The US Left Nuclear Waste Around The World, Now Climate Change May Unearth It

During the Cold War, when messing around with nuclear energy was all the rage, the US military left a legacy of radioactive debris at a few different sites around the world. Much of the fallout was kept at bay or contained – well, depending on who you ask – but climate change is now threatening to reawaken these radioactive boogeymen once again. 

A new report by the US Government Accountability Office has highlighted three regions across the world where US-made radioactive contamination could be disturbed by climate change. 

Despite being the result of US actions, none of the three troublesome sites are found in the US; they are found in the Marshall Islands in the Pacific, the Spanish town of Palomares, and the site of a former Arctic military scientific research base in Greenland.

In light of this dramatic shift to the environment, the report argues that the US might have to rethink the way it manages some of these sites.

Nuclear Waste On Ice

Between 1959 and 1967, the US military ran a scientific research base in Greenland called Camp Century. It was the home of Project Iceworm, a supervillain-esque plan to install a network of nuclear missile launch sites hidden amid the Arctic Ice Sheet. They were also looking into the feasibility of operating a base under the ice in Greenland.

While both schemes ultimately didn’t work out, the camp was powered by a small nuclear reactor, which has left its own radioactive footprint. The site and its waste were abandoned in 1967 with the hope it would be buried by perpetual snowfall.

A recent review found that the liquid wastes were buried at a depth of 32 meters (104 feet) in 2017, deeper than it was in 1964, meaning the plan to entomb the radiation in ice and snow had worked – but conditions in Greenland are starting to radically change. 

Given the rate of warming temperatures and thawing ice, another study reported that contamination likely would remain immobile until 2100. After that, things could get messy. Even if the debris isn’t totally exposed to the elements, warming temperatures are likely to increase meltwater leakage and up risk of radiation seeping into the surrounding environment. 


Other studies have come to more worrying conclusions. In 2016, scientists found that the ice sheet at Camp Century could effectively collapse within 75 years under a business-as-usual scenario in greenhouse gas emissions. If that happens, the reports, it would “guarantee the eventual remobilization of physical, chemical, biological, and radiological wastes abandoned at the site.”

It’s particularly worrying as neither the US, Greenland, nor Denmark (which controls Greenland) have suggested any plans for cleaning up the contamination beneath Camp Century.

“The possibility to influence the environment is there, which could further affect the food chain and further affect the people living in the area as well,” Hjalmar Dahl, president of Inuit Circumpolar Council Greenland, told Grist in light of the new report.

“I think it is important that the Greenland and US governments have to communicate on this worrying issue and prepare what to do about it,” said Dahl.

Trouble In The Pacific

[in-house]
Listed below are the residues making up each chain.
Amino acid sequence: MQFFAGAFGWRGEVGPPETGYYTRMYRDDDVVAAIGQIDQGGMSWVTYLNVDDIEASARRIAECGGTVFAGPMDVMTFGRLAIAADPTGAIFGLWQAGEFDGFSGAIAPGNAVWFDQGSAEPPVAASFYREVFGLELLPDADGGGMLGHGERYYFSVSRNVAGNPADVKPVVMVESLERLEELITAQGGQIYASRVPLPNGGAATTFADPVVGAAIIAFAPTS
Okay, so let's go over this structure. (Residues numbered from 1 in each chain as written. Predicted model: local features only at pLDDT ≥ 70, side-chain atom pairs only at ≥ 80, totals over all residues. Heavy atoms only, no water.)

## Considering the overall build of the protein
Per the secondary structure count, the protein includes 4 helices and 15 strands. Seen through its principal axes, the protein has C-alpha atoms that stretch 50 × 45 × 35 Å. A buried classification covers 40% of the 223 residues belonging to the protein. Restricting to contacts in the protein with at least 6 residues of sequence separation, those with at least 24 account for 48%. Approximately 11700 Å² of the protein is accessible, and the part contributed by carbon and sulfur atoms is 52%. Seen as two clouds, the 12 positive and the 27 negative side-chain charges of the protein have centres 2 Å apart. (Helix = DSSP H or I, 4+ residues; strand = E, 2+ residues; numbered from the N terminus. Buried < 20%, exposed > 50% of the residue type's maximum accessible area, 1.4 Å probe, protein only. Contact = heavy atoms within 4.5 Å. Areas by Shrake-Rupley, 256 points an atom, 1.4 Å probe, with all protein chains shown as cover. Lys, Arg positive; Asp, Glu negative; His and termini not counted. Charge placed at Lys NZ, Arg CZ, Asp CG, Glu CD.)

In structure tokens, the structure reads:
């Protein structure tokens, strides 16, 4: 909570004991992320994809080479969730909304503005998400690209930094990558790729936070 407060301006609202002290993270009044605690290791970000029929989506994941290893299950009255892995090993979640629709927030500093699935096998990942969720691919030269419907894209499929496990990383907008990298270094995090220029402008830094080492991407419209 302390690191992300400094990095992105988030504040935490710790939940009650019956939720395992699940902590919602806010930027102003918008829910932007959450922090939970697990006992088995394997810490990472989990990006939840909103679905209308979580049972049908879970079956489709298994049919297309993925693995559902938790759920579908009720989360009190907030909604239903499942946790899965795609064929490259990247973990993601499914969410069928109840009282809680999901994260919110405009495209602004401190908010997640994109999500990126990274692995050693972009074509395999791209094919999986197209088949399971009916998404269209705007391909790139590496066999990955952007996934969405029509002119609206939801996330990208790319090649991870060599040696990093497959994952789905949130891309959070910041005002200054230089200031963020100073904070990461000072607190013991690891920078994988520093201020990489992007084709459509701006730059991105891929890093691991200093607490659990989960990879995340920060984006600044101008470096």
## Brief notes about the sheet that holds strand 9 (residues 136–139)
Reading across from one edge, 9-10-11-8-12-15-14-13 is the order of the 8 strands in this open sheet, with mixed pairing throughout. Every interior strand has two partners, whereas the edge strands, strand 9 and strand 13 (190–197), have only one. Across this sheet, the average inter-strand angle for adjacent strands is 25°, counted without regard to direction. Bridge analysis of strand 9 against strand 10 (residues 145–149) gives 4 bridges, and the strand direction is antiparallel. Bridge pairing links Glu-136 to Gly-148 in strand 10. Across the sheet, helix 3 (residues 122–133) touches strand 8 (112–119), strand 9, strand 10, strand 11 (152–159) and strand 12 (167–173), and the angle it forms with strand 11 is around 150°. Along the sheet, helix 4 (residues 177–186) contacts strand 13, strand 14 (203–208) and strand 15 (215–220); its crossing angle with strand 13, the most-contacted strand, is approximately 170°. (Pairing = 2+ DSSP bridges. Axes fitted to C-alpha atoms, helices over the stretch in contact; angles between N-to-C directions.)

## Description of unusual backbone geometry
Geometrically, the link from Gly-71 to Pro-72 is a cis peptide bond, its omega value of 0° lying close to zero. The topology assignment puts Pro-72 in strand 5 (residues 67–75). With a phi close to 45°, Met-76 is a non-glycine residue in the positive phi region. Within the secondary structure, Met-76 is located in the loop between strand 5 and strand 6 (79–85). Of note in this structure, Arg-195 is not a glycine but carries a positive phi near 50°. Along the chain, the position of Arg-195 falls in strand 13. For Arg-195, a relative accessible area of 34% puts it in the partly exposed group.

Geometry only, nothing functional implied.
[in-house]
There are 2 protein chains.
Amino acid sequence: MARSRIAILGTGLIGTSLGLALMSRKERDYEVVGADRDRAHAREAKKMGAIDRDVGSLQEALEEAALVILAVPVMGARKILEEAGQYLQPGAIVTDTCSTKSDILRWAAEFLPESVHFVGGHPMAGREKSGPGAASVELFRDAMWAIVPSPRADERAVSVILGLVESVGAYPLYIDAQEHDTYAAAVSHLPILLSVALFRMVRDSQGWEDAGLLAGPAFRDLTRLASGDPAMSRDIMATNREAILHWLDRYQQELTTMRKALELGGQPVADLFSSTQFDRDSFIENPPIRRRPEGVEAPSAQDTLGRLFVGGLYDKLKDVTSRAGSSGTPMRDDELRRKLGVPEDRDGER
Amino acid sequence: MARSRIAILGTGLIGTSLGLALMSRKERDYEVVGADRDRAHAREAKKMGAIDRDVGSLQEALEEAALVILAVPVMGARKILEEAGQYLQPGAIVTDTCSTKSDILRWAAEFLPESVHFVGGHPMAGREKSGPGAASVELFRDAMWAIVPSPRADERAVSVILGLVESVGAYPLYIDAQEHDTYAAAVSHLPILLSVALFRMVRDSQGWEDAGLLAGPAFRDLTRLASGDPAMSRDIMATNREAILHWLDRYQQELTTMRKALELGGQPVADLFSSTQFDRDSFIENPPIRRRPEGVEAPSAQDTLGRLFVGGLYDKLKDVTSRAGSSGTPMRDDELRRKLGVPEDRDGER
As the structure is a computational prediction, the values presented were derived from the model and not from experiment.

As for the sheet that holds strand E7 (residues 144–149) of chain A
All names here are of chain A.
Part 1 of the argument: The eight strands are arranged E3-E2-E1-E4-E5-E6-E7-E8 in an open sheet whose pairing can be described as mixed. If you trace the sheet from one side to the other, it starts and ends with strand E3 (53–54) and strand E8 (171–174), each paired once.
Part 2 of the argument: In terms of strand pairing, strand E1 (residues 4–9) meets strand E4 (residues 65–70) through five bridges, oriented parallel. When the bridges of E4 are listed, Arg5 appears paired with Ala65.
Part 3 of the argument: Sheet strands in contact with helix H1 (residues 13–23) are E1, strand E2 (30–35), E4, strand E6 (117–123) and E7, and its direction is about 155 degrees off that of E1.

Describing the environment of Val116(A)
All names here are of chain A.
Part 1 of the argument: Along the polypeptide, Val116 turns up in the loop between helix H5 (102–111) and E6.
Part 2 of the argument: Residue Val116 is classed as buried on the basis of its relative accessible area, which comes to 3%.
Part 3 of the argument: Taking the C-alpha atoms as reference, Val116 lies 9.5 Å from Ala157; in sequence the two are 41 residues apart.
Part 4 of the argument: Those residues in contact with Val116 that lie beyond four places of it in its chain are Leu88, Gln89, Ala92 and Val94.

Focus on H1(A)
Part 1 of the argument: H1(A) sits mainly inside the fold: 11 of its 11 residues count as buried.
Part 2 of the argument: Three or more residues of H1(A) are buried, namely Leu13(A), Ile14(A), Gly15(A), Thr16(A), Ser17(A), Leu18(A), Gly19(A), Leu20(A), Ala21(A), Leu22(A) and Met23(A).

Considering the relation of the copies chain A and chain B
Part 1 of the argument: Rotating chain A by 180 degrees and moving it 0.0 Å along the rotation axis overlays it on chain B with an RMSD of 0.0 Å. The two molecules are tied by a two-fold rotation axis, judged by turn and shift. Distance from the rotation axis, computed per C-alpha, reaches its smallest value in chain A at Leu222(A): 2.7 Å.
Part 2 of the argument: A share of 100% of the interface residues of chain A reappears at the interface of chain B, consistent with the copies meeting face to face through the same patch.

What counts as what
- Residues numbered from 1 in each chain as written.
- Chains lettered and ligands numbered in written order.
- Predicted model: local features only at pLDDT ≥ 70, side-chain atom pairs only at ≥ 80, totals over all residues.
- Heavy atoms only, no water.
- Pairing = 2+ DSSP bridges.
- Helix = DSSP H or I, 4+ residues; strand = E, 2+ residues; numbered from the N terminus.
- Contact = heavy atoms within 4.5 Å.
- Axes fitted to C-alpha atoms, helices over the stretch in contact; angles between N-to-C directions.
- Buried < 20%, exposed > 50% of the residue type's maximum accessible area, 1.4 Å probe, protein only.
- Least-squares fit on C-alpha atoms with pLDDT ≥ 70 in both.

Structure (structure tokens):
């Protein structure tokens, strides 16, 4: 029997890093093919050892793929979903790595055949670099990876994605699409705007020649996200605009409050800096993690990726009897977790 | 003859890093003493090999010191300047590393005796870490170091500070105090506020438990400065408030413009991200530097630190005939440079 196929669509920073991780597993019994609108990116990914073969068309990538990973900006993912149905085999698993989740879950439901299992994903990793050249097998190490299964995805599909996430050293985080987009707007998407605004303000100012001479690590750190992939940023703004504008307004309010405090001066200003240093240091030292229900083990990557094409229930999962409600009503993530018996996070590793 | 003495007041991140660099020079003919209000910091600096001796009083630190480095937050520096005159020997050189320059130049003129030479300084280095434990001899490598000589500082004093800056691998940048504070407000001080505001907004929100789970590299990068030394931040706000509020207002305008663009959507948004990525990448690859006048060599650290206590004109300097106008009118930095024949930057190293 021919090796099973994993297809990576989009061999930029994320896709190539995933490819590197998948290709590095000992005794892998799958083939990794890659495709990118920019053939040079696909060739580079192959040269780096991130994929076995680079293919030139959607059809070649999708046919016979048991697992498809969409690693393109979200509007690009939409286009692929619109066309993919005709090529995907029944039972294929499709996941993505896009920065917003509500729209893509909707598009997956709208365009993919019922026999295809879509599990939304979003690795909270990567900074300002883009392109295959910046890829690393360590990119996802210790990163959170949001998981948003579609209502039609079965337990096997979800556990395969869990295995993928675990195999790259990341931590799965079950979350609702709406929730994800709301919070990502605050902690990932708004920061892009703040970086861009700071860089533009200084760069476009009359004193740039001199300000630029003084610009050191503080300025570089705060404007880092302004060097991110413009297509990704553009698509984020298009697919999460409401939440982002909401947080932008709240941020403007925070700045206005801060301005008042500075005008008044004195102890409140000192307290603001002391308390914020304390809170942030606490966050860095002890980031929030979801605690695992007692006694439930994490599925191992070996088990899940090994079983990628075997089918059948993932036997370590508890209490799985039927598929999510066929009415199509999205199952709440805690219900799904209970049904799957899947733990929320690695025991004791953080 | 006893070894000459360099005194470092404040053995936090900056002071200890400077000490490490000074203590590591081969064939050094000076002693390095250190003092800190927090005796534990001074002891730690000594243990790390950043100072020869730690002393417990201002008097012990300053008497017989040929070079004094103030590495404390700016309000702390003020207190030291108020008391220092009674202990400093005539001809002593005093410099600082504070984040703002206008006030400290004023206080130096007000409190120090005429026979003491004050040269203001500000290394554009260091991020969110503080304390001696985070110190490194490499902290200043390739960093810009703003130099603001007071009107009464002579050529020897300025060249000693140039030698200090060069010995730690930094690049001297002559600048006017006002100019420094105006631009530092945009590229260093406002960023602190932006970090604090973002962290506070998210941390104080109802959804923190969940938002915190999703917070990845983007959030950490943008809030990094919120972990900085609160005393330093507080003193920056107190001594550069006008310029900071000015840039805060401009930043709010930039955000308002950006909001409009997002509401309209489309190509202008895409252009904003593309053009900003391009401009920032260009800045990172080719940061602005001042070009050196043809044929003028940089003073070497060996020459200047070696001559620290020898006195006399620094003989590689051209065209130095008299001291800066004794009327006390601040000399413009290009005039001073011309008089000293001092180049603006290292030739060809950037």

The Marshall Islands is arguably the best-known of the sites. This atoll in the Pacific Ocean was a punching bag for the US nuclear tests during the Cold War, witnessing at least 67 nuclear bomb explosions between 1946 to 1958. 

A mushroom cloud from a nuclear weapon test by the US at Bikini Atoll, Micronesia, on July 25 1946
Image credit: United States Department of Defense (Public Domain)

Towards the end of the 1970s, the resulting mess of irradiated soil and debris from six different islands (along with tons of contaminated soil from Nevada) was transported to a giant pit on Runit Island, where it was mixed with concrete and entombed in a dome. For many years, the problem appeared to have been successfully swept under the rug. However, the nuclear tomb is threatening to crack open as a result of rising sea levels and other effects of climate change. 

Some of the atolls are still uninhabitable to this day. In areas that are inhabited, residents have repeatedly raised concerns that the radioactive legacy of the nuclear tests is harming their health, specifically regarding local cancer rates. The US denies this and maintains that the Marshall Islands are safe, claiming that the cancers are hereditary. 

The report does settle these disagreements between Marshall Islands officials and the US. If anything, it leans on the side of suggesting that the extent of nuclear contamination has been overstated. However, it does suggest the US Department of Energy should improve the Marshallese people’s access to clear information on the contamination. 

A Radioactive Crash Over Spain

There is also the little-known site of Palomares, a fishing town in Spain that became showered in radioactive contamination in 1966 when an American bomber plane had a mid-air collision with aerial refueling tanker aircraft.

In total, 9 kilograms (20 pounds) of oxidized isotopes of plutonium, uranium, and americium across 2.3 square kilometers (0.9 square miles) of the Spanish coast. Fortunately, no local residents or animals were reportedly harmed. 

The US and Spain attempted to clear the radioactive debris that was scattered in and around the town. Part of this clean-up effort involved shipping tons of soil and vegetation debris back to the US where it was buried in Aiken, South Carolina.

However, some contamination remains to this day. In the 1990s, it was found that radioactive contamination around Palomares was still exceeding European Union standards. The US and Spain have since signed a statement of intent to address the problem at Palomares, but little real progress has been made.

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